How To Keep Houseplants Alive In Winter

Updated: Apr 28, 2021


Let's talk about how "not" to kill your plants this winter. I'm not an expert gardener, but I gained so much confidence in the last few months doing house projects for our new home, including a full face over of our backyard. It's taking us longer than expected to complete our backyard project while juggling work and life, but we're almost to the finish line, and we're learning so much about indoor and outdoor gardening.


So here I am, as a Green Thumb Newbie, sharing a few things I learned in the last few months as we started our DIY backyard landscaping and indoor greenery project for our home. :)

How much and how often to water houseplants in winter


Most of the houseplants require less water during the winter months. Overwatering can be quite harmful to your houseplants during wintertime. You can stick your finger about an inch or two into the soil to check the moisture level. If the soil feels moist, don't water it. The soil should be consistently moist, and make sure it doesn't feel wet.


But keep in mind that your houseplants still need the right amount of moisture in the soil. If it's difficult to guess how much to water or how often to water them, you can control the humidity in the air using humidifiers or wet clothes near your houseplants. The plants will love the extra moisture without being overwatered.

How to provide sufficient lights for indoor plants during winter


Adequate lighting is also crucial for houseplants during the winter. Most plants go dormant or grow slower during the winter months and require less sunlight. However, most of them still need to have 6-8 hours of direct or indirect sunlight each day to remain healthy and ready to grow again in the spring.


You can place your houseplants around the windows where you get most of the daylights. You can also use grow lights for your houseplants. We prefer using grow lights during winter because we don't need to move planters around for sunlight during the day. There are many options for grow lights you can choose from, and they're affordable.


I'm using LED grow lights for indoors; it works great for our lavender plants and mini succulents. This one has three lighting modes (blue, red, blue+red), and each light mode has its purpose. We set the timer to 9 hours and leave the power on, and it automatically shuts off and restarts the next day at the same time I turned it on the day before.


There are many other options you can explore, so check them all out and get one that fits your needs --> Grow lights for Indoor Plants.



Fertilizing indoor plants during winter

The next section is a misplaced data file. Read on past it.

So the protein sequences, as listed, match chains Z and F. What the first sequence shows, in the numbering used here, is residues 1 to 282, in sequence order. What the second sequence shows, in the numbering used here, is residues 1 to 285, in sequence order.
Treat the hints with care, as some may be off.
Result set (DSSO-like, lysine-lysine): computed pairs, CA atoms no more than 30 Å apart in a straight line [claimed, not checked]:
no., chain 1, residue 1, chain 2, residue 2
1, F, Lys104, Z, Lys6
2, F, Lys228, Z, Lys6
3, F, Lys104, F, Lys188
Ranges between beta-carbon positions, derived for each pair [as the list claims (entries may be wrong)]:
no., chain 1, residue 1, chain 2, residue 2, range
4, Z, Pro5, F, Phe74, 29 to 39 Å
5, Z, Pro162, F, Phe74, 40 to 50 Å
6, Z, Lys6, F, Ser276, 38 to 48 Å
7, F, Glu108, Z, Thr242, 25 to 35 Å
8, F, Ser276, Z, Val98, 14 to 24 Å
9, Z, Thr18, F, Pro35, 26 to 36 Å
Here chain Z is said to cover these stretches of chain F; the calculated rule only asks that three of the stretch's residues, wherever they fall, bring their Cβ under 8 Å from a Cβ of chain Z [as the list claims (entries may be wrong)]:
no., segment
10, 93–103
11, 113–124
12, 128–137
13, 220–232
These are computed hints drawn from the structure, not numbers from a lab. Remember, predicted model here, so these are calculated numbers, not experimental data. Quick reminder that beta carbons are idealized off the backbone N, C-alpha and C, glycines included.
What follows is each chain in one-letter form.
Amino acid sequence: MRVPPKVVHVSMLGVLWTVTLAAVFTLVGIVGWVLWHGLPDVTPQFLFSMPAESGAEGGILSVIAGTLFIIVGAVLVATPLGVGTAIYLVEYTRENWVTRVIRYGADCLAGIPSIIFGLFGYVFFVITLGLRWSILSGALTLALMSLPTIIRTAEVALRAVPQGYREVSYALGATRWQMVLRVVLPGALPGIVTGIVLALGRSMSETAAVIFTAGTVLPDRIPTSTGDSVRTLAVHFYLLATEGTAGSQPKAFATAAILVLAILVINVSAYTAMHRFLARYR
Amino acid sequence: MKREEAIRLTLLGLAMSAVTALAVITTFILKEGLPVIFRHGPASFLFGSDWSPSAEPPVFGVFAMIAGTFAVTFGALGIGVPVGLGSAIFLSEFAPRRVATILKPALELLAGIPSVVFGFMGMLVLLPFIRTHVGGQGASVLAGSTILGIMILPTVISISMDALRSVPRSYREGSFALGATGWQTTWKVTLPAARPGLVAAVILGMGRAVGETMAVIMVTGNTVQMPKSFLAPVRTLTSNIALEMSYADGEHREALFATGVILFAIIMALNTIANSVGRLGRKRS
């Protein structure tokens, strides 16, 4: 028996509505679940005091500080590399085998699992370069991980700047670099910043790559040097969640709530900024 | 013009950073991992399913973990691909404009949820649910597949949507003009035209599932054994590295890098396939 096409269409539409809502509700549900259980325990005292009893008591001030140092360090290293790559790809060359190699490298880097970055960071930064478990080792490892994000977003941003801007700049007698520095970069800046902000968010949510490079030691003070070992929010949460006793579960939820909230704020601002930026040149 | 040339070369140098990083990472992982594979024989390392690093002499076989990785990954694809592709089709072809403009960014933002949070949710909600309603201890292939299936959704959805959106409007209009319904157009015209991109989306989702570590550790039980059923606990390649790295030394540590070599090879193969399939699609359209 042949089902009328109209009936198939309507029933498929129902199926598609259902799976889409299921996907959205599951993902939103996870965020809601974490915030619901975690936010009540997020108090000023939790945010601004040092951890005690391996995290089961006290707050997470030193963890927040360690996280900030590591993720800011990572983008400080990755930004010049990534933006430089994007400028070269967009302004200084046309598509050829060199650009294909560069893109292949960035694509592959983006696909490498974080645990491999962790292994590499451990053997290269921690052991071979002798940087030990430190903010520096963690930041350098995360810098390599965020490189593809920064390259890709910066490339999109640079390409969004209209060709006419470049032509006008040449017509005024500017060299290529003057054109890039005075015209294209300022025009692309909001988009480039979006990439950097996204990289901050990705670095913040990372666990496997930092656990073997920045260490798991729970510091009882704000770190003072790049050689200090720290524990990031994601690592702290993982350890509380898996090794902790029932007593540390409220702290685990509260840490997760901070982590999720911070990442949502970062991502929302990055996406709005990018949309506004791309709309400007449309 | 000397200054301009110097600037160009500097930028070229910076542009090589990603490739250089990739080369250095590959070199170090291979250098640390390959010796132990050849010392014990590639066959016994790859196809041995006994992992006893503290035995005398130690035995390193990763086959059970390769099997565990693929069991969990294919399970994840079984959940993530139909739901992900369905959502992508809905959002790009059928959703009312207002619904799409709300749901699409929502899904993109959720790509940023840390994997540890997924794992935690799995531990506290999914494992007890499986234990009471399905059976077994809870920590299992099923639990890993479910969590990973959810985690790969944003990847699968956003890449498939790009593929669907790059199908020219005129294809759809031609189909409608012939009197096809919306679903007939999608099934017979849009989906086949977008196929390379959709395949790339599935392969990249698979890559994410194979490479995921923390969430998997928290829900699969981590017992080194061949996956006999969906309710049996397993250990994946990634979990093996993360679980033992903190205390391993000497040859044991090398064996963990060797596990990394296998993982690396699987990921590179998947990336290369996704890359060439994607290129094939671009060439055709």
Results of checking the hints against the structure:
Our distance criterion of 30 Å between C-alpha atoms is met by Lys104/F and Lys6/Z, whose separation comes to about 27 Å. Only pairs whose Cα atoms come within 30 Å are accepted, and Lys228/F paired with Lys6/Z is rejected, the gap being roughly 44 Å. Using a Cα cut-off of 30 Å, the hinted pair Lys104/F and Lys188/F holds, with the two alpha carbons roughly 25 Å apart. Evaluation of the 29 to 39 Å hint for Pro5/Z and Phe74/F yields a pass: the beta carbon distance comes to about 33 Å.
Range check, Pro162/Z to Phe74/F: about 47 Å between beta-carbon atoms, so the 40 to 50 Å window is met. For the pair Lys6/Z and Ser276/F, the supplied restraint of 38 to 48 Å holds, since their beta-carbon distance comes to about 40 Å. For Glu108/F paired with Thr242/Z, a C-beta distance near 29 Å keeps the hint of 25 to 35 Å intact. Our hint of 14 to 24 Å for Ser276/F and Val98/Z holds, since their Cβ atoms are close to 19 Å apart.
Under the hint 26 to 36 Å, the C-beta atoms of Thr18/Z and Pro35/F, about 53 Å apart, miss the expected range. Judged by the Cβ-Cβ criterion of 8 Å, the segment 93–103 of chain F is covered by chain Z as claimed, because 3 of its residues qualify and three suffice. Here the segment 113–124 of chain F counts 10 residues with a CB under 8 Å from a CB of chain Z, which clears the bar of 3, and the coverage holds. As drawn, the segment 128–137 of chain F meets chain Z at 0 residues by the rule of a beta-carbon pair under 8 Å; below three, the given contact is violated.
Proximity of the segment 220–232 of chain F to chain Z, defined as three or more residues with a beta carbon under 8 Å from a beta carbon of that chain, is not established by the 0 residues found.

Rule of thumb, plants don't need to be fed during winter. Your houseplants need plenty of resting time during the winter months, and fertilizing will disturb their resting and trigger them to grow, which will be more likely to result in weak growth. You can stop fertilizing them early in the fall and restart in early spring in a smaller dosage.

Repotting houseplants in winter


Repotting any plants during winter is not recommended because it can put a lot of stress on them while they're in a dormant stage or going dormant. Generally, repotting, similar to fertilizing, triggers new growth, disturbs their resting period, and may promote weak growth.


We had to repot 5 of our baby lavender trees in late fall because we got so busy and missed the time before the fall started. They were going dormant, so we quickly brought them inside after repotting and using grow light for 9 hours each day. It took about a week for them to become soft and another week to start looking healthy again. Even though we could get them back on the right track, it required a lot of care and attention. We can see the big difference between repotting during warm months vs. cold months.


If you have to repot your plants during winter, do it with a plan and pay extra attention to them every day.



Keeping the bugs away from houseplant throughout the winter


I prefer using essential oils for any indoor plant pest control at any time of the year. I use eucalyptus, rosemary, tea tree, peppermint, and lavender oils to repel pests for houseplants.


Get a spray bottle and a few different essential oils you like. Add about 20 drops of oils for an 8 oz spray bottle and fill the rest with water. Spray directly on soil and plants until bugs are gone. I also keep some mini artificial succulent planters around houseplants and drop concentrated essential oils to diffuse over time.

Extra tips:

1. Lemongrass, geranium, and frankincense have unique properties that encourage plant growth, especially in the early stages.

2. Citrus purifies the air and helps to cleanse your soil, and also helps to keep away bugs.



Share your wintery green thumb tips on Instagram with everyone by tagging @CreativeCraftsWomen


XoXo,

Abi